Stories are powerful. They capture the mind. Stories put images to words, color to the black-and-white page. Stories allow us to feel, see, and experience with our mind’s eye. They shape our beliefs and stir our thoughts.
These stories are metaphors, analogies, real-to-life comparisons—stories meant to teach vital spiritual lessons through simple everyday experiences. They are a kind of parable, short and easy to grasp on the surface, but when the details are explained, they carry deep meaning and eternal significance. These parables were told by Jesus to help explain who He is and what He was going to do for His people.
Story #1 – “Truly, truly, I say to you, he who does not enter by the door into the fold of the sheep, but climbs up some other way, he is a thief and a robber. But he who enters by the door is a shepherd of the sheep. To him the doorkeeper opens, and the sheep hear his voice, and he calls his own sheep by name and leads them out. When he puts forth all his own, he goes ahead of them, and the sheep follow him because they know his voice. A stranger they simply will not follow, but will flee from him, because they do not know the voice of strangers” (John 10:1-5).1
Story #2 – “So Jesus said to them again, “Truly, truly, I say to you, I am the door of the sheep. All who came before Me are thieves and robbers, but the sheep did not hear them. I am the door; if anyone enters through Me, he will be saved, and will go in and out and find pasture. The thief comes only to steal and kill and destroy; I came that they may have life, and have it abundantly” (John 10:7-10).
Story #3 – “I am the good shepherd; the good shepherd lays down His life for the sheep. He who is a hired hand, and not a shepherd, who is not the owner of the sheep, sees the wolf coming, and leaves the sheep and flees, and the wolf snatches them and scatters them. He flees because he is a hired hand and is not concerned about the sheep. I am the good shepherd, and I know My own and My own know Me, even as the Father knows Me and I know the Father; and I lay down My life for the sheep. I have other sheep, which are not of this fold; I must bring them also, and they will hear My voice; and they will become one flock with one shepherd. For this reason the Father loves Me, because I lay down My life so that I may take it again. No one has taken it away from Me, but I lay it down on My own initiative. I have authority to lay it down, and I have authority to take it up again. This commandment I received from My Father” (John 10:11-18).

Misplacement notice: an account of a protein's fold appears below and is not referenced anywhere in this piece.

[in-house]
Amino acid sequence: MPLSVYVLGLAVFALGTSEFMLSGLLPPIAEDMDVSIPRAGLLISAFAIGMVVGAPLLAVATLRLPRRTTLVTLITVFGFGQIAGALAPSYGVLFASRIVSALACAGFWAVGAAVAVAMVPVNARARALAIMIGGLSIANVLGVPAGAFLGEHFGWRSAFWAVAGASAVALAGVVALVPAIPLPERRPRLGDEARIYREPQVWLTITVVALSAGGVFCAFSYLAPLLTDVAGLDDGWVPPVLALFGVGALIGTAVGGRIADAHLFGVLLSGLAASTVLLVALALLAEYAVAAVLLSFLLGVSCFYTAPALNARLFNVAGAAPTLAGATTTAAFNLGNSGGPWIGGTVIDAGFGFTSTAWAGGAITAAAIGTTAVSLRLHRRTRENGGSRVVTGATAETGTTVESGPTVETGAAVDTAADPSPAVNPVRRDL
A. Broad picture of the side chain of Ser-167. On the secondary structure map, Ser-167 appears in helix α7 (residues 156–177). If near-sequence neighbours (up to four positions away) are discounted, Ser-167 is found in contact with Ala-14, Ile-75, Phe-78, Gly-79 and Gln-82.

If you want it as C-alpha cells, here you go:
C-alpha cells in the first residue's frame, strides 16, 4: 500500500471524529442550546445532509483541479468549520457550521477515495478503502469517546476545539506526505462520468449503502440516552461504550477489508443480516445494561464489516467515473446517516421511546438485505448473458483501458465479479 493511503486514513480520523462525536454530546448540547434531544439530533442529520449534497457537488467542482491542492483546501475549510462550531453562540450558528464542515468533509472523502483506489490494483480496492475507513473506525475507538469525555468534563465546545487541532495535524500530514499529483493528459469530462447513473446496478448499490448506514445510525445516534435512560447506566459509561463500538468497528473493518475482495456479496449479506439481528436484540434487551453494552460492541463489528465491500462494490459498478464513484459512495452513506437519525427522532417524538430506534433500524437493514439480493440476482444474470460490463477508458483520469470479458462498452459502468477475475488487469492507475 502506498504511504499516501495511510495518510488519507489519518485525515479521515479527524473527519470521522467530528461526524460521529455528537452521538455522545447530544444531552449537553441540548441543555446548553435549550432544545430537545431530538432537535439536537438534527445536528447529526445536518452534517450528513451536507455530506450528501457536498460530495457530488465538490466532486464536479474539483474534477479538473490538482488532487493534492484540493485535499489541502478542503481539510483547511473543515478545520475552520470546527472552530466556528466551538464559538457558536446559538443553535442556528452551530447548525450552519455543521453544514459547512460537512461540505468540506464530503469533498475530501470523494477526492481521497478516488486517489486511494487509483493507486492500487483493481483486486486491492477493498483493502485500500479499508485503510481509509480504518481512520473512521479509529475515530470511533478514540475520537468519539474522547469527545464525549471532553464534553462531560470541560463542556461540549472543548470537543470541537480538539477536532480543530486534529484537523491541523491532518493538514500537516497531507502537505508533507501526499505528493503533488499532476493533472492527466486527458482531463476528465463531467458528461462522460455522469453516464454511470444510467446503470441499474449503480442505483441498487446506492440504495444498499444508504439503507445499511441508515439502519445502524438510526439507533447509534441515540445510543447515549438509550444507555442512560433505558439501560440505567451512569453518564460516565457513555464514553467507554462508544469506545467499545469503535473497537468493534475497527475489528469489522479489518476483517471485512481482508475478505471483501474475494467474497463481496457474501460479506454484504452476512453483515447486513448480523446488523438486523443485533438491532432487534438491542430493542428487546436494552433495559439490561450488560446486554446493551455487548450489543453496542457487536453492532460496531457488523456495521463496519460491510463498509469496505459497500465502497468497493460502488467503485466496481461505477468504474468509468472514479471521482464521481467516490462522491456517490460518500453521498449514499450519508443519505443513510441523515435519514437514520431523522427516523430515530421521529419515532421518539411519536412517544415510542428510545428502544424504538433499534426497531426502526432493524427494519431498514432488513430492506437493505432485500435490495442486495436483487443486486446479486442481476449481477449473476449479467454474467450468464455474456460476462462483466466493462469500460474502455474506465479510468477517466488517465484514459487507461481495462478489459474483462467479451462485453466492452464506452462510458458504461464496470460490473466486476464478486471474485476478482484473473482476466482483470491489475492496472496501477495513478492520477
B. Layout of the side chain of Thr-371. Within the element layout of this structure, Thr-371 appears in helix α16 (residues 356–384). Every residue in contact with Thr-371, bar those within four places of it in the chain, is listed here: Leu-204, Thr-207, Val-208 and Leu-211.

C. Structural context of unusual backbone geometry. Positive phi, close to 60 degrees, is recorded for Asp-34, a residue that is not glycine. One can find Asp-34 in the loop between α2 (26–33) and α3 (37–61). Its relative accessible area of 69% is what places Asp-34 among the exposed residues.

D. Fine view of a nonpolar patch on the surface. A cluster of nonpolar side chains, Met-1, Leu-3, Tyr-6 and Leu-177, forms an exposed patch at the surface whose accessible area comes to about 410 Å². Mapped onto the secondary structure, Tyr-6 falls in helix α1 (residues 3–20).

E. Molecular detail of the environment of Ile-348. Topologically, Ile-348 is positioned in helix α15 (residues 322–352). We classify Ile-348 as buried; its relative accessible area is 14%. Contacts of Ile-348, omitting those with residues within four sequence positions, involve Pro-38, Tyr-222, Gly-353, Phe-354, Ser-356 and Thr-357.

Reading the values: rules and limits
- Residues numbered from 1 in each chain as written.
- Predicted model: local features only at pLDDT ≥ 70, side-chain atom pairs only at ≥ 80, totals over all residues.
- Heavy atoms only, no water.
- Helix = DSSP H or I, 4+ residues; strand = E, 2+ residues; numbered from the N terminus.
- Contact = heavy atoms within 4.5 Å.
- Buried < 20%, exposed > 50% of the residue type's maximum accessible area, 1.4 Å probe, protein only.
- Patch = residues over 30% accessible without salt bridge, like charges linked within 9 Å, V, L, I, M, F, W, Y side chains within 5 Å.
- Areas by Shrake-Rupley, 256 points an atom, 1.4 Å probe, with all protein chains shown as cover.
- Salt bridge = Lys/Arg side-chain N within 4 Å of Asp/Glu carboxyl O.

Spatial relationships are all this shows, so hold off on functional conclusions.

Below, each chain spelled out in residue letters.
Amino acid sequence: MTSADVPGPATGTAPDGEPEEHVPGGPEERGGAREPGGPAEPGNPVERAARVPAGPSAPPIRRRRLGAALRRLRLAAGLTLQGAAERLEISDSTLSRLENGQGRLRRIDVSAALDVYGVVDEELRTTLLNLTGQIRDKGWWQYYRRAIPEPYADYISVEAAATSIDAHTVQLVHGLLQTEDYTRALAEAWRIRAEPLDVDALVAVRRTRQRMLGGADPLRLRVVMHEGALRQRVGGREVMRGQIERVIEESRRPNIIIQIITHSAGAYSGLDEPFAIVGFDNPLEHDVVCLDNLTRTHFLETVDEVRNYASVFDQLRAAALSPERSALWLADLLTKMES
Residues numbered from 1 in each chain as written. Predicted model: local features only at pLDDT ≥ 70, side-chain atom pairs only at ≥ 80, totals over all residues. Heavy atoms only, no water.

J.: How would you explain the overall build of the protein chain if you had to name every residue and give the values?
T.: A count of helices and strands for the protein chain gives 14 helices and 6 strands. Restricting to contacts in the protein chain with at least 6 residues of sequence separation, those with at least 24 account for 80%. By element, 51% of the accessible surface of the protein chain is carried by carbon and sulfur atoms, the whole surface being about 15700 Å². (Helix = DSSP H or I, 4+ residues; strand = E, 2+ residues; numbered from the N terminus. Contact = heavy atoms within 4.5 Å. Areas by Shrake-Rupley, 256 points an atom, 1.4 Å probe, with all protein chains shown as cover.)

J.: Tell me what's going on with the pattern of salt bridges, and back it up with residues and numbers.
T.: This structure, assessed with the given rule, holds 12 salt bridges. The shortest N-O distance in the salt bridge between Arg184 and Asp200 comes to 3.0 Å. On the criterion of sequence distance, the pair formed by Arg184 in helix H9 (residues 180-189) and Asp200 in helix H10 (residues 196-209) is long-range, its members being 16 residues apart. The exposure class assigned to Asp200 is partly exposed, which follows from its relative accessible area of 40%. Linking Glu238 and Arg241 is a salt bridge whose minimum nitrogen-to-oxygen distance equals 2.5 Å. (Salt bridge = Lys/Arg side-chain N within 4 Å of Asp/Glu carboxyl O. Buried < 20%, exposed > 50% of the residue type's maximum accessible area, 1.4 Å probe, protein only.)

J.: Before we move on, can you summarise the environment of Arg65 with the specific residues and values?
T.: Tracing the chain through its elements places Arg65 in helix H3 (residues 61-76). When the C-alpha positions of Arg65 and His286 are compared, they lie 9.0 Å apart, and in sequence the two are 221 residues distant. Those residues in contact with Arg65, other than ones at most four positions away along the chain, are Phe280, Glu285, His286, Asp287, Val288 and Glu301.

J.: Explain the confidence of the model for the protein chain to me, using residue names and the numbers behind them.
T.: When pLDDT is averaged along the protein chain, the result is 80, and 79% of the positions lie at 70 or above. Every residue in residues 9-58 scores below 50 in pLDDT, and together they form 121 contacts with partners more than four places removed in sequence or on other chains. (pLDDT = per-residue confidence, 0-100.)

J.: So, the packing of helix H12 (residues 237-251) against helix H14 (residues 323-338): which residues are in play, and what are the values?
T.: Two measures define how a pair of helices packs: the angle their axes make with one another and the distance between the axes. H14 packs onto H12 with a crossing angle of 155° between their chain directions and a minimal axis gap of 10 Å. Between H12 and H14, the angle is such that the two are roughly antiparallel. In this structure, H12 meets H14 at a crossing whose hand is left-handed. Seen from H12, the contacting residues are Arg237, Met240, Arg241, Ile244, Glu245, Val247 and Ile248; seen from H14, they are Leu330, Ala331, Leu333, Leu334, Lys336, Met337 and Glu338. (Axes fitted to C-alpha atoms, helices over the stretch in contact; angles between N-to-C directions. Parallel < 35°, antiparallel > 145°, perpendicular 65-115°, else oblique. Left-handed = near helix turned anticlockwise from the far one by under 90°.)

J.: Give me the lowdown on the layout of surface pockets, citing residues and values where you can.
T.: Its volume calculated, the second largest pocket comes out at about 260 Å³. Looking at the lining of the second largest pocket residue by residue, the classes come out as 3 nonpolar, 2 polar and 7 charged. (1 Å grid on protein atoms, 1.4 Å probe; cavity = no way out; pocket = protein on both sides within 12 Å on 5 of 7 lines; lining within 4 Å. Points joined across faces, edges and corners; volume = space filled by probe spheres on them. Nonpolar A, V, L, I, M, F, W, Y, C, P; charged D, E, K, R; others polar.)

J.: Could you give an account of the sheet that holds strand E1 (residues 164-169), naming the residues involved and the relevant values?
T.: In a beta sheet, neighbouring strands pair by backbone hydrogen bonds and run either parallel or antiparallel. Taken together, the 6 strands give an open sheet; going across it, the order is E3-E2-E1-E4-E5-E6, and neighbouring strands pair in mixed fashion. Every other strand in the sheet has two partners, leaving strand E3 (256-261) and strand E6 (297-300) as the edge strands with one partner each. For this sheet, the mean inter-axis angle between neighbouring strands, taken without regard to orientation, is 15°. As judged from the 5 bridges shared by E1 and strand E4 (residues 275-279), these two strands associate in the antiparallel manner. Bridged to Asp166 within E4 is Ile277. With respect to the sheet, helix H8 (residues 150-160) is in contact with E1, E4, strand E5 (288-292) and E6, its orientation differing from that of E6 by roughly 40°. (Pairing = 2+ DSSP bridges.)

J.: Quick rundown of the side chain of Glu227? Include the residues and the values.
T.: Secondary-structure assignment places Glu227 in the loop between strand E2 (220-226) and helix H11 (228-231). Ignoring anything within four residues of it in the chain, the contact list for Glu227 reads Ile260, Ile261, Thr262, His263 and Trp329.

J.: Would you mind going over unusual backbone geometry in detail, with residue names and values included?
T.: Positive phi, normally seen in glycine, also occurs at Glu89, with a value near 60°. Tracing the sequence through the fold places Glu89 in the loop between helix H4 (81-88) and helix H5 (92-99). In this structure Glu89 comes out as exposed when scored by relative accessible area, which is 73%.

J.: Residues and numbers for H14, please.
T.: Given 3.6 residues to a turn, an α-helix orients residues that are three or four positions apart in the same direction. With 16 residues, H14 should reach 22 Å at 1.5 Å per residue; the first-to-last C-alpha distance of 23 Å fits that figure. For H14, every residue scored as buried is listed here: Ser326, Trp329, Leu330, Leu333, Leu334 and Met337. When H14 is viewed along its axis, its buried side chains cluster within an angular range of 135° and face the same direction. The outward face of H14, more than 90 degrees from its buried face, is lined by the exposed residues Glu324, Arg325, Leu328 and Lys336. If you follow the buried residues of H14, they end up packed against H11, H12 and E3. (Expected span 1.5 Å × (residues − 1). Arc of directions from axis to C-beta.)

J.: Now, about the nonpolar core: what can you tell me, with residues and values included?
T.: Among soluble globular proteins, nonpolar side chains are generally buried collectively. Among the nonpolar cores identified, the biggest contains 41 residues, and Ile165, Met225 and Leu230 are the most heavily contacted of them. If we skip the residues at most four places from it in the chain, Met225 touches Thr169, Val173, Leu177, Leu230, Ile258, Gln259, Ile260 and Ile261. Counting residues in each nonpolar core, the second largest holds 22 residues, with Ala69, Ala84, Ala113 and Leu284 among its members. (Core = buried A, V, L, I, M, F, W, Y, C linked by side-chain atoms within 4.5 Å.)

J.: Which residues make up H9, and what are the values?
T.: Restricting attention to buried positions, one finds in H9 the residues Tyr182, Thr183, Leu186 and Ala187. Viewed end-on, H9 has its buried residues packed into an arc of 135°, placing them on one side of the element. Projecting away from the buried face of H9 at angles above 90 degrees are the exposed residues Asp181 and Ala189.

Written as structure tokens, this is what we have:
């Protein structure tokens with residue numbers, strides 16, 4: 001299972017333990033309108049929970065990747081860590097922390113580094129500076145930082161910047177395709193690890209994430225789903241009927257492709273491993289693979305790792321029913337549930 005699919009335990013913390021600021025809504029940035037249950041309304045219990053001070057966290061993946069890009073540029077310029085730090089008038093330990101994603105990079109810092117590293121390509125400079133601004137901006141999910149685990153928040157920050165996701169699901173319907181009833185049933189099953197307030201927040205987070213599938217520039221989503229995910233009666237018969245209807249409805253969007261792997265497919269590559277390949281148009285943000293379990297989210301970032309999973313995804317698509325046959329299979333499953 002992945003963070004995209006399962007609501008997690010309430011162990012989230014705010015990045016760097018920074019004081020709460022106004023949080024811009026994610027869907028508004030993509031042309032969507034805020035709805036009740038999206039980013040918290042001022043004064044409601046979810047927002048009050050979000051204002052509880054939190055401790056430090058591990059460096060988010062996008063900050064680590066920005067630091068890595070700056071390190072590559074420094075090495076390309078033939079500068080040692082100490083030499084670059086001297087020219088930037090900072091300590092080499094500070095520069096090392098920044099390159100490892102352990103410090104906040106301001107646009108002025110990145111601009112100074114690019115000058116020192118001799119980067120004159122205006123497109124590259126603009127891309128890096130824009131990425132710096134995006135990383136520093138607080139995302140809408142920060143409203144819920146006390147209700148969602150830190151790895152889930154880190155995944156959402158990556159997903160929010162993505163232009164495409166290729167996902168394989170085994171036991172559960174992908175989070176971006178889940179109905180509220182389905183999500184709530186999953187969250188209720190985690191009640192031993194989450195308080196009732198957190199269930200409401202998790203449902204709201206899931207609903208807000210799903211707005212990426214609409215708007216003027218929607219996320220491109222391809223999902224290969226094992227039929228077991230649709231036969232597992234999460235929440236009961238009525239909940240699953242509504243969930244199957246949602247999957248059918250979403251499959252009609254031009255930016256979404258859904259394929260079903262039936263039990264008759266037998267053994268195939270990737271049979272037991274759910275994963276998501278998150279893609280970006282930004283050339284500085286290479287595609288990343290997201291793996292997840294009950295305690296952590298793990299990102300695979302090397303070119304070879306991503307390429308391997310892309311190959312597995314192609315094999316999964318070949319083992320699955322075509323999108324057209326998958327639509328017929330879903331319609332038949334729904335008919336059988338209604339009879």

Three Stories, One Important Question
Three stories, not about a dwarf, wizard, or dragon—but about a shepherd and his sheep. But not just any shepherd; the shepherd in this trilogy is Jesus. “I am the good shepherd,” Jesus says, as the third story opens.
You could boil each of these stories down to one question: “Who is Jesus?” That is what each of these parables is about- Jesus is explaining Himself in story form.
Though a short question, it is far from trivial. In fact, your answer will decide whether you enter heaven, or whether you are sentenced to hell. It is that important of a question. These stories are that significant.
It was Jesus who said, “Unless you believe that I am He, you will die in your sins” (John 8:24). That is to say, “Unless you believe the truth about Me, unless you believe who I really am, you will die in your sins.” There are only two ways to die—you can either die in your sins with no Savior, no forgiveness, and no hope, or you can die in Jesus, forgiven of your sin, saved from your guilt, rescued from hell and delivered into heaven.
And it all comes down to how you answer the question, “Who is Jesus?”
Before we look at each story individually, we first need to look at the main character of this trilogy. Each parable revolves around a single shepherd. In the first story, the shepherd enters a sheepfold, his flock. In the second, the shepherd leads his sheep into a luscious pasture. And in the third, the shepherd fights off a wolf to protect his sheep.
God is the Good Shepherd
Remember, Israel had an authoritative book that was part and parcel to life—a book that we refer to today as the Old Testament.2 This is how Jewish children learned to read and write; they attended the synagogue and learned the Scriptures. The Old Testament was the DNA of Jewish culture, the primary building block of society. The Old Testament frequently spoke about shepherds. But there was one shepherd, one chief shepherd, the Old Testament was most concerned about.